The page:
The Plants that Heal project is based on protecting our culture and heritage. This project was developed to fill a gap between a modern and traditional way of living, through the practice and teachings of medicinal plants. Historically, our people have lived solely off the land and have gradually drifted away from that traditional lifestyle. We must continue to practice our culture and have a strong relationship with the land and our elders because our identity as an Anishinabe relies on these connections. Practices and teachings for medicinal plants are woven into culture and bond us spiritually, mentally, emotionally, and physically to the land and to our ancestors. The goal of the project is to encourage the use of medicinal plants and channel our elder’s traditional knowledge to the next generation before it fades away completely. This website is a tool to access information on plants before going to harvest.
The sites (WLFN or TFN) provides information on the medicinal use, harvesting and ecology of 33 medicinal plants. It also showcases the potential of presence of these plants in Wolf Lake and Timiskaming First Nations traditional territories. We encourage you to browse through our map, to click on areas and points to learn more about the species.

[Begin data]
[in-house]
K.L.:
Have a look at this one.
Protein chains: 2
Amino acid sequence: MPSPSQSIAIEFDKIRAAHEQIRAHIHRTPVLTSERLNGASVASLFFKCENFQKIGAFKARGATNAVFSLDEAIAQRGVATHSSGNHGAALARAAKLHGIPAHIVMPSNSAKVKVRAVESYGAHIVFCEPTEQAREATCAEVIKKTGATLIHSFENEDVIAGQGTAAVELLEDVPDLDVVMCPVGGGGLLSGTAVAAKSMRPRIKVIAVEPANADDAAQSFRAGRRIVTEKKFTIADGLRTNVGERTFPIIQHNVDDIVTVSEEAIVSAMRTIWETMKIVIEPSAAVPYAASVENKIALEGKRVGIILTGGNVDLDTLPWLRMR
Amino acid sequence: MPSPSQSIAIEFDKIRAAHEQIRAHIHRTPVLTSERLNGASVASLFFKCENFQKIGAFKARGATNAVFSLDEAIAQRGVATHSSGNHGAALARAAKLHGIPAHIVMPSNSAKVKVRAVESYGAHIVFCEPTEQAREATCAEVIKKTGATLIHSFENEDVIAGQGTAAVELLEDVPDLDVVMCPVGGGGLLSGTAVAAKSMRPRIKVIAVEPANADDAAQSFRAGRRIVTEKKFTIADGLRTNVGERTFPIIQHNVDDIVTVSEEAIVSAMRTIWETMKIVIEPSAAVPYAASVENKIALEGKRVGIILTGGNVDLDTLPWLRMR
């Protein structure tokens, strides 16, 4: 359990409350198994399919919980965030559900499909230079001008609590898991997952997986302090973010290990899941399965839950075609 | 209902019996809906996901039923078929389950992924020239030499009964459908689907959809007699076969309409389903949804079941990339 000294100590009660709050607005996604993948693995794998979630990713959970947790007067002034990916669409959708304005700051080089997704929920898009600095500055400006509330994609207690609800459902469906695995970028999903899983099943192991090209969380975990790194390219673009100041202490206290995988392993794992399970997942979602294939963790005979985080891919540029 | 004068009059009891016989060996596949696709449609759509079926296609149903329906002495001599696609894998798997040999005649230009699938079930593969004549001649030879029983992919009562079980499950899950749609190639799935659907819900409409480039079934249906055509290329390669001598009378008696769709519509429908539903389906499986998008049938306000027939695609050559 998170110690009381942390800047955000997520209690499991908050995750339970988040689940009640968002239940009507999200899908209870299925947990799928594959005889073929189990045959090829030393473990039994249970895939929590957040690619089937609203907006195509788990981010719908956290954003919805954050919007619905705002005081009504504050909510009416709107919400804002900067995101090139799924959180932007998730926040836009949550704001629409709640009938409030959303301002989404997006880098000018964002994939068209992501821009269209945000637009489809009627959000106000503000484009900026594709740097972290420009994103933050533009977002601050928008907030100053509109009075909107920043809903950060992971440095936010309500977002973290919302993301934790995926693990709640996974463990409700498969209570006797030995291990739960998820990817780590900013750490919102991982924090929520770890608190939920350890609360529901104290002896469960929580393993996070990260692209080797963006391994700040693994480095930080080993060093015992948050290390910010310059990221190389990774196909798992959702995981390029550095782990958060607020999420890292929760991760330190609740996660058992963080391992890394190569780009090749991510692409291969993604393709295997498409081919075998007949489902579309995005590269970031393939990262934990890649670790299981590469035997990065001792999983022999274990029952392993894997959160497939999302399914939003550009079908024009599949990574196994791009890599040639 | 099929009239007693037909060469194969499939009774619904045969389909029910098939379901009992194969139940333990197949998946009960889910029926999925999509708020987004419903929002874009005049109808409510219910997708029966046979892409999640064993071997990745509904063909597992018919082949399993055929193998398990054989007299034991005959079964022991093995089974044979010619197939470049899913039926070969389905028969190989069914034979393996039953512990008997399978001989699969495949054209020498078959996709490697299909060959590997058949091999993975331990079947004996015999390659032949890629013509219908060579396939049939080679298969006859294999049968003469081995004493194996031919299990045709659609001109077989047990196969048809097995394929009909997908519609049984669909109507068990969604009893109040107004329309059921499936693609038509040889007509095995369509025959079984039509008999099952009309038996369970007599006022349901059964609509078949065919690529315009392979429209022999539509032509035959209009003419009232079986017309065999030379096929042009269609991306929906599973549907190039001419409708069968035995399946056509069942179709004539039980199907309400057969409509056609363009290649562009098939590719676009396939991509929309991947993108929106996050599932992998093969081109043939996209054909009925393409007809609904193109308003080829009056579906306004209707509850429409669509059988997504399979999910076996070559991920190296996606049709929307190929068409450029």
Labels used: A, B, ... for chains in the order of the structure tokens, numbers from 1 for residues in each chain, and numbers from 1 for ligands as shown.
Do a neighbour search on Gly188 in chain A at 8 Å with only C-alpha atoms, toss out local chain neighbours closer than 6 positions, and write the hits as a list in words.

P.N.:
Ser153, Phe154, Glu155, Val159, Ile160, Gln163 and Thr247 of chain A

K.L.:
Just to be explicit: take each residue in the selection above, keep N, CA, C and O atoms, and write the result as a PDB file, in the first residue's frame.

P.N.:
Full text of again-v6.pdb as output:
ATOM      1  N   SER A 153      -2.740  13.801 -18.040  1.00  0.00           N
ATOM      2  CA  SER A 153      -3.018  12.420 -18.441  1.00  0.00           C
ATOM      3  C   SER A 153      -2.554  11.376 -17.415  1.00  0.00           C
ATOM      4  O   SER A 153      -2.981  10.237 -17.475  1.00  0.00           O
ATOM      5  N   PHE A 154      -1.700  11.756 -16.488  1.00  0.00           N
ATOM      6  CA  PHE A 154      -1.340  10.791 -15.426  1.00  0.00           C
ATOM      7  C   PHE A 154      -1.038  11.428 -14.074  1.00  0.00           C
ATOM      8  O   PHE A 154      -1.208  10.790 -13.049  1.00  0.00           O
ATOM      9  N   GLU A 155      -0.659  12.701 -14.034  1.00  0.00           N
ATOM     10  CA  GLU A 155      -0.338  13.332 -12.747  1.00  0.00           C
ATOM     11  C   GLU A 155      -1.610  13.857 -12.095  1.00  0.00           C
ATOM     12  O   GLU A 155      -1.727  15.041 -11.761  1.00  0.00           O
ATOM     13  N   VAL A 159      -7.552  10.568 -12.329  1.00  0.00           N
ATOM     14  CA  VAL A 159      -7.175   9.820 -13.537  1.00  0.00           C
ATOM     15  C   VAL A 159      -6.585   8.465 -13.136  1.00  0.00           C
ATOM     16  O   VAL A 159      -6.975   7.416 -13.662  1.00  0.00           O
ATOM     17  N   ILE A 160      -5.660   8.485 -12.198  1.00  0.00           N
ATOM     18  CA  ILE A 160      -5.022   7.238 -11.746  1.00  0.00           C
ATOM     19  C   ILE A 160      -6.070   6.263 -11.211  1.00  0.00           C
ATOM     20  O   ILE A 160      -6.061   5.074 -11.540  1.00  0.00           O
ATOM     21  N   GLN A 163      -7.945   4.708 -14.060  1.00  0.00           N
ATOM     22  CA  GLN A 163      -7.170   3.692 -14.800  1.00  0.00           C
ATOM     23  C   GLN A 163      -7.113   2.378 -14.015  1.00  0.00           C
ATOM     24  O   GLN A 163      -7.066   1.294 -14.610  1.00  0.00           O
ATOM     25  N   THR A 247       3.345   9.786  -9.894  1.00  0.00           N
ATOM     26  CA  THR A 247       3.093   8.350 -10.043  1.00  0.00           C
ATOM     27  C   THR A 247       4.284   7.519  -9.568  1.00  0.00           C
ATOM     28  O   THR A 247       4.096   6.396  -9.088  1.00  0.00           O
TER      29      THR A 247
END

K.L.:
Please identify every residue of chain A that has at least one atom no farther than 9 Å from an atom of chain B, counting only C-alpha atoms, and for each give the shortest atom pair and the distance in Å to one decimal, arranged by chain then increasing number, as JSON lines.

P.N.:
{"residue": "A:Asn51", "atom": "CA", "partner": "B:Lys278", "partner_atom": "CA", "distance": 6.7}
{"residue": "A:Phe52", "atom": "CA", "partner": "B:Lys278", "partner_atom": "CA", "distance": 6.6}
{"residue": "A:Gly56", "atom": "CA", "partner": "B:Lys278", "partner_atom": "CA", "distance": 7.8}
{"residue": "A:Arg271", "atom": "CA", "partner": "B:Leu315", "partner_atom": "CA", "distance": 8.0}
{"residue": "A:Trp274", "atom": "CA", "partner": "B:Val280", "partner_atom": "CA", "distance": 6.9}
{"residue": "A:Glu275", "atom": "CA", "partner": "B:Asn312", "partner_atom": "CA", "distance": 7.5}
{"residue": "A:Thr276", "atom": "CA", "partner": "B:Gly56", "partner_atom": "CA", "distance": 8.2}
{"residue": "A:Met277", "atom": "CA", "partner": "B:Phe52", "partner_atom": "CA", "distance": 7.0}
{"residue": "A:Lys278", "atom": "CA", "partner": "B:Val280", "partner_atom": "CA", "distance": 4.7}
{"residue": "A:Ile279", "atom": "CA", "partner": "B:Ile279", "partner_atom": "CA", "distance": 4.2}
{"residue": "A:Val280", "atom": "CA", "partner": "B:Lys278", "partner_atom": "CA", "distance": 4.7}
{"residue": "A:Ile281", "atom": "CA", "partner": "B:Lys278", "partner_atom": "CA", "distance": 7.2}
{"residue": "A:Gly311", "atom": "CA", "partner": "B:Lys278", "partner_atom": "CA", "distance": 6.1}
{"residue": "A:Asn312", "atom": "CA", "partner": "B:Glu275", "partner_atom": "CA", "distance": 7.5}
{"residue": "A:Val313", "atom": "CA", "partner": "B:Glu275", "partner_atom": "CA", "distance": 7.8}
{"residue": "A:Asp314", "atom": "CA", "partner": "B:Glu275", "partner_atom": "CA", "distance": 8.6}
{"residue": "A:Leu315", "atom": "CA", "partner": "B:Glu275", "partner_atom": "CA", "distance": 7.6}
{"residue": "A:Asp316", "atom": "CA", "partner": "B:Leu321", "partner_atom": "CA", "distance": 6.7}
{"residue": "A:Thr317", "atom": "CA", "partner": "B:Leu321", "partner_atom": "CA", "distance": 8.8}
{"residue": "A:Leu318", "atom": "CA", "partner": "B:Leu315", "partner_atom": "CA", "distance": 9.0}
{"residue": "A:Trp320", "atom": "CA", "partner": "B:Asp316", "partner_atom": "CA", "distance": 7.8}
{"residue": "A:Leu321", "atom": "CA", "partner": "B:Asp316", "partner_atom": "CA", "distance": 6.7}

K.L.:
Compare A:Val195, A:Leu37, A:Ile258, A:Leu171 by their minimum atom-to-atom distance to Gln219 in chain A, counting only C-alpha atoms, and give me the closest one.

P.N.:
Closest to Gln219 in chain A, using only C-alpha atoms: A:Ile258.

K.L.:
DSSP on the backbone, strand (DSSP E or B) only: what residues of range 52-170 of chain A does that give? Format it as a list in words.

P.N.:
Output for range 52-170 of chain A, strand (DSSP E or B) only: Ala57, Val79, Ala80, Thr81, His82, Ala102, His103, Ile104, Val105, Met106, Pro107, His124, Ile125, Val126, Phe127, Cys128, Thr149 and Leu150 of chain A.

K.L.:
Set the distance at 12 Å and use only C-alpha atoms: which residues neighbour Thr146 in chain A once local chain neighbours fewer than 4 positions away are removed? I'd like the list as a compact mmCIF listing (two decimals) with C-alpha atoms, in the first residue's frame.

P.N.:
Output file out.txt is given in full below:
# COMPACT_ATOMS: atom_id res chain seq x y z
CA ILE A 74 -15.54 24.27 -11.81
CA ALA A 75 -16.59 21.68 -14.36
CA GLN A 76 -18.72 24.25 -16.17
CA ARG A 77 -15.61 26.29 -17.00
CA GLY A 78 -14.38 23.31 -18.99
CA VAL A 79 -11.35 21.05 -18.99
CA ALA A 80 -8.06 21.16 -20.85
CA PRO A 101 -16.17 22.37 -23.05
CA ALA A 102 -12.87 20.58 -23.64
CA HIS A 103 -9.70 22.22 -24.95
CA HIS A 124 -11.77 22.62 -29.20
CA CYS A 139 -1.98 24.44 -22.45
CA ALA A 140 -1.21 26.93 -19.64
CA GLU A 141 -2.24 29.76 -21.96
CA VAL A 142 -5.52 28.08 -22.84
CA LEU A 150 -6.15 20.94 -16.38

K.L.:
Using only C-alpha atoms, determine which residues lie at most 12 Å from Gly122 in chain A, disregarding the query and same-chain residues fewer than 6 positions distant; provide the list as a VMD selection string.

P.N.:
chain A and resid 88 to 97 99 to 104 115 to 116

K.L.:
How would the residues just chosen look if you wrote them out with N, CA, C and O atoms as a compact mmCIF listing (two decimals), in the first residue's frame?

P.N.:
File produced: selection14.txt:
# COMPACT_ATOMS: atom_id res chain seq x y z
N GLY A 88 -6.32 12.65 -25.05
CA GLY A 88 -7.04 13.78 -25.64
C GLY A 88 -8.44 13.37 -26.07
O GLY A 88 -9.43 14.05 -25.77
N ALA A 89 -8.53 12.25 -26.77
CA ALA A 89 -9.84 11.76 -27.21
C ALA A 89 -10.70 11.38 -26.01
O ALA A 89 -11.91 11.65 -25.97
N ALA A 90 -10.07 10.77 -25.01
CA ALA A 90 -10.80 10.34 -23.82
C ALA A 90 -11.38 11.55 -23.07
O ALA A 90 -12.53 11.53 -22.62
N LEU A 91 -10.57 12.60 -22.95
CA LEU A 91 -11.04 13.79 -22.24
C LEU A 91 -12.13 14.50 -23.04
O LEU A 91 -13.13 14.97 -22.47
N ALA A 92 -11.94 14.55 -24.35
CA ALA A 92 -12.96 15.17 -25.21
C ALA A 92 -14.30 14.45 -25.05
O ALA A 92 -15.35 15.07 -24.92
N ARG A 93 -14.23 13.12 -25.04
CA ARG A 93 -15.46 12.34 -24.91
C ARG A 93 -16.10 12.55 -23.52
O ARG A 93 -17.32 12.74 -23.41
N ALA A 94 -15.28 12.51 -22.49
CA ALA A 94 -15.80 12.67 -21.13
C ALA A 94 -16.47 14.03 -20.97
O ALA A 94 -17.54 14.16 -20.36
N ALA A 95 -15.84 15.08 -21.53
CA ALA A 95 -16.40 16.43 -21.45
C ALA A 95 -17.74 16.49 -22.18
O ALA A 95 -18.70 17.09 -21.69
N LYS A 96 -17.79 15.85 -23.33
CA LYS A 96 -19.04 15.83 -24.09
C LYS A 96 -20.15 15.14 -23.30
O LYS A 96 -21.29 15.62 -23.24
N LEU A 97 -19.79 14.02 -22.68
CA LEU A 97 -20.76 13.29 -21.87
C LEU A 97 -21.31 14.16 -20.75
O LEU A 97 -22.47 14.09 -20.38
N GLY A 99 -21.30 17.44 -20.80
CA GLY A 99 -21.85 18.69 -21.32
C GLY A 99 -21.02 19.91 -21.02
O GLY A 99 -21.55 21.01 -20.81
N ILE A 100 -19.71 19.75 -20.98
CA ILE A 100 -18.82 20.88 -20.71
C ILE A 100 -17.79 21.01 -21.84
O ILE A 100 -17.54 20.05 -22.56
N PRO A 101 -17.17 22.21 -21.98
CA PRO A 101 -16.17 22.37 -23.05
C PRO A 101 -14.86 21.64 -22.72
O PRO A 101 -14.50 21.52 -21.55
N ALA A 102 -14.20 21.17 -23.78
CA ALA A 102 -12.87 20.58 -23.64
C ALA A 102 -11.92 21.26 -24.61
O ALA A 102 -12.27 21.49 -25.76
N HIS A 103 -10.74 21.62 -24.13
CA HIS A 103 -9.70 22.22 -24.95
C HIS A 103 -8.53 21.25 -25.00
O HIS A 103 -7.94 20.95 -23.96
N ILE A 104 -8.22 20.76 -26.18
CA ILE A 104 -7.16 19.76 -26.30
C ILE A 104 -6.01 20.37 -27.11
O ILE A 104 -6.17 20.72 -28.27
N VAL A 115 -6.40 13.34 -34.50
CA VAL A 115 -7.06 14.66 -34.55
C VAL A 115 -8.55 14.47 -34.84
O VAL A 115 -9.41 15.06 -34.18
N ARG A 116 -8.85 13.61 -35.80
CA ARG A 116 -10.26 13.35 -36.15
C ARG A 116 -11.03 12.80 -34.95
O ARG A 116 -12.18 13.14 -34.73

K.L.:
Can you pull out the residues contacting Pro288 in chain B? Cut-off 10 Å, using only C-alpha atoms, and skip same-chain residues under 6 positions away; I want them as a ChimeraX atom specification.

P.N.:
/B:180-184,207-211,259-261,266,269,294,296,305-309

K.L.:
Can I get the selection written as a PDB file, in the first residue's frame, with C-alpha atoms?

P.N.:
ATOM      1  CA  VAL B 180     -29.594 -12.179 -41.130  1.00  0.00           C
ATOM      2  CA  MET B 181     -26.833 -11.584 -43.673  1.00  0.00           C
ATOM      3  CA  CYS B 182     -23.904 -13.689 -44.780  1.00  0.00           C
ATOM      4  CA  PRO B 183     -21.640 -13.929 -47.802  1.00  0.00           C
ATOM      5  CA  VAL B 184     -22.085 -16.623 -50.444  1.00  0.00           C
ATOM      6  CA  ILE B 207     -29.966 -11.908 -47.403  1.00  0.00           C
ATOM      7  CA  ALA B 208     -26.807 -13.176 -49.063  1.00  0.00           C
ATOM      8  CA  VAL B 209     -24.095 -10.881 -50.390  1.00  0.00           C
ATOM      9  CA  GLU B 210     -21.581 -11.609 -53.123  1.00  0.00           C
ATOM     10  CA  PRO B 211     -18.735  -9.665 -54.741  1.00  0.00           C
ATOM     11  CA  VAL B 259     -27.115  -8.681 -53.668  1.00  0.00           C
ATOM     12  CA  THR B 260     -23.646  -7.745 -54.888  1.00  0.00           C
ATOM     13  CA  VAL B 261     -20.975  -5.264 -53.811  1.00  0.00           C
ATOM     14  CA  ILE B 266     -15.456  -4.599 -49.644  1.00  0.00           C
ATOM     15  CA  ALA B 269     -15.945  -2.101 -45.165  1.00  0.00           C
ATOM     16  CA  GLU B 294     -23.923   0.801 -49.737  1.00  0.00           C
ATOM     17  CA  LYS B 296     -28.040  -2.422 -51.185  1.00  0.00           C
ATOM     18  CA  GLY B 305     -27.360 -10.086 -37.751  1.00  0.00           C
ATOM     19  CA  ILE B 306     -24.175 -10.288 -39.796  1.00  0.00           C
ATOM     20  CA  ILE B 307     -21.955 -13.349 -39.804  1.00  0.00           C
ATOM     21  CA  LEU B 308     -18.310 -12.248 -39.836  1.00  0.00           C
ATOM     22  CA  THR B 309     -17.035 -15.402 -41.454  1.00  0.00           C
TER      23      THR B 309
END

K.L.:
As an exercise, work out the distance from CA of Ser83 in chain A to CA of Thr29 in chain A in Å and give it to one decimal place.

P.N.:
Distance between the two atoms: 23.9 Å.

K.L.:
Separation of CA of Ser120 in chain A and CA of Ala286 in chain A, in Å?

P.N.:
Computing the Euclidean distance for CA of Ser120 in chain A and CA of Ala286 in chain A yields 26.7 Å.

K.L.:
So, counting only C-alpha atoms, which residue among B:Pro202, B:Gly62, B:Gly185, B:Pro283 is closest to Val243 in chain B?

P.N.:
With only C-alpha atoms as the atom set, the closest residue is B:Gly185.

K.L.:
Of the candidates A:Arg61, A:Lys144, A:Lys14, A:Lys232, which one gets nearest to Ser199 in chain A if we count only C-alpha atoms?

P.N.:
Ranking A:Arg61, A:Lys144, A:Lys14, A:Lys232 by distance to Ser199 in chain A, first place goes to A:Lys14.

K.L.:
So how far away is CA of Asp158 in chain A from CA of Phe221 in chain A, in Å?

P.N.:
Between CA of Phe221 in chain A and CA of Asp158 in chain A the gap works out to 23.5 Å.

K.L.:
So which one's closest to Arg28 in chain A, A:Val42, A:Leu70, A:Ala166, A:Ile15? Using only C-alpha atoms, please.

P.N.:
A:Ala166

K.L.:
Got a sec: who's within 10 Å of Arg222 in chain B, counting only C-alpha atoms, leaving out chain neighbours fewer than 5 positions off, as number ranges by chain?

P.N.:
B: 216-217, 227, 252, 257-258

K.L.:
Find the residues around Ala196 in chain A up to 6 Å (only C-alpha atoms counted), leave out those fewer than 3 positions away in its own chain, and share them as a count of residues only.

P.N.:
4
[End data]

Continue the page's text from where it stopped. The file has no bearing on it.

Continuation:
If you plan on going to the field and harvest medicinal plants, please make sure you respect the plants, the harvesting sites and the environment. Click here to find useful tips on how to collect medicinal plants while protecting the plant populations for the future generation.
Disclaimer: These are living site and maps – not all Algonquin medicinal plants are represented here. The extent of the map does not suggest the limits of Algonquin Rights and Interests.
Algonquin place names tell stories. These stories connect people to the land and to the cultural identity of where we live. Place names, or toponymy, are an important element of Aboriginal story telling, where cultural traditions are passed between one generation and the next. Between 1910 and the 1930’s, Algonquin place names simply disappeared from our maps (click here to read on Toponymical Imperialism in Quebec). The goal of our project is to bring these stories back, to map our toponyms before they are lost forever.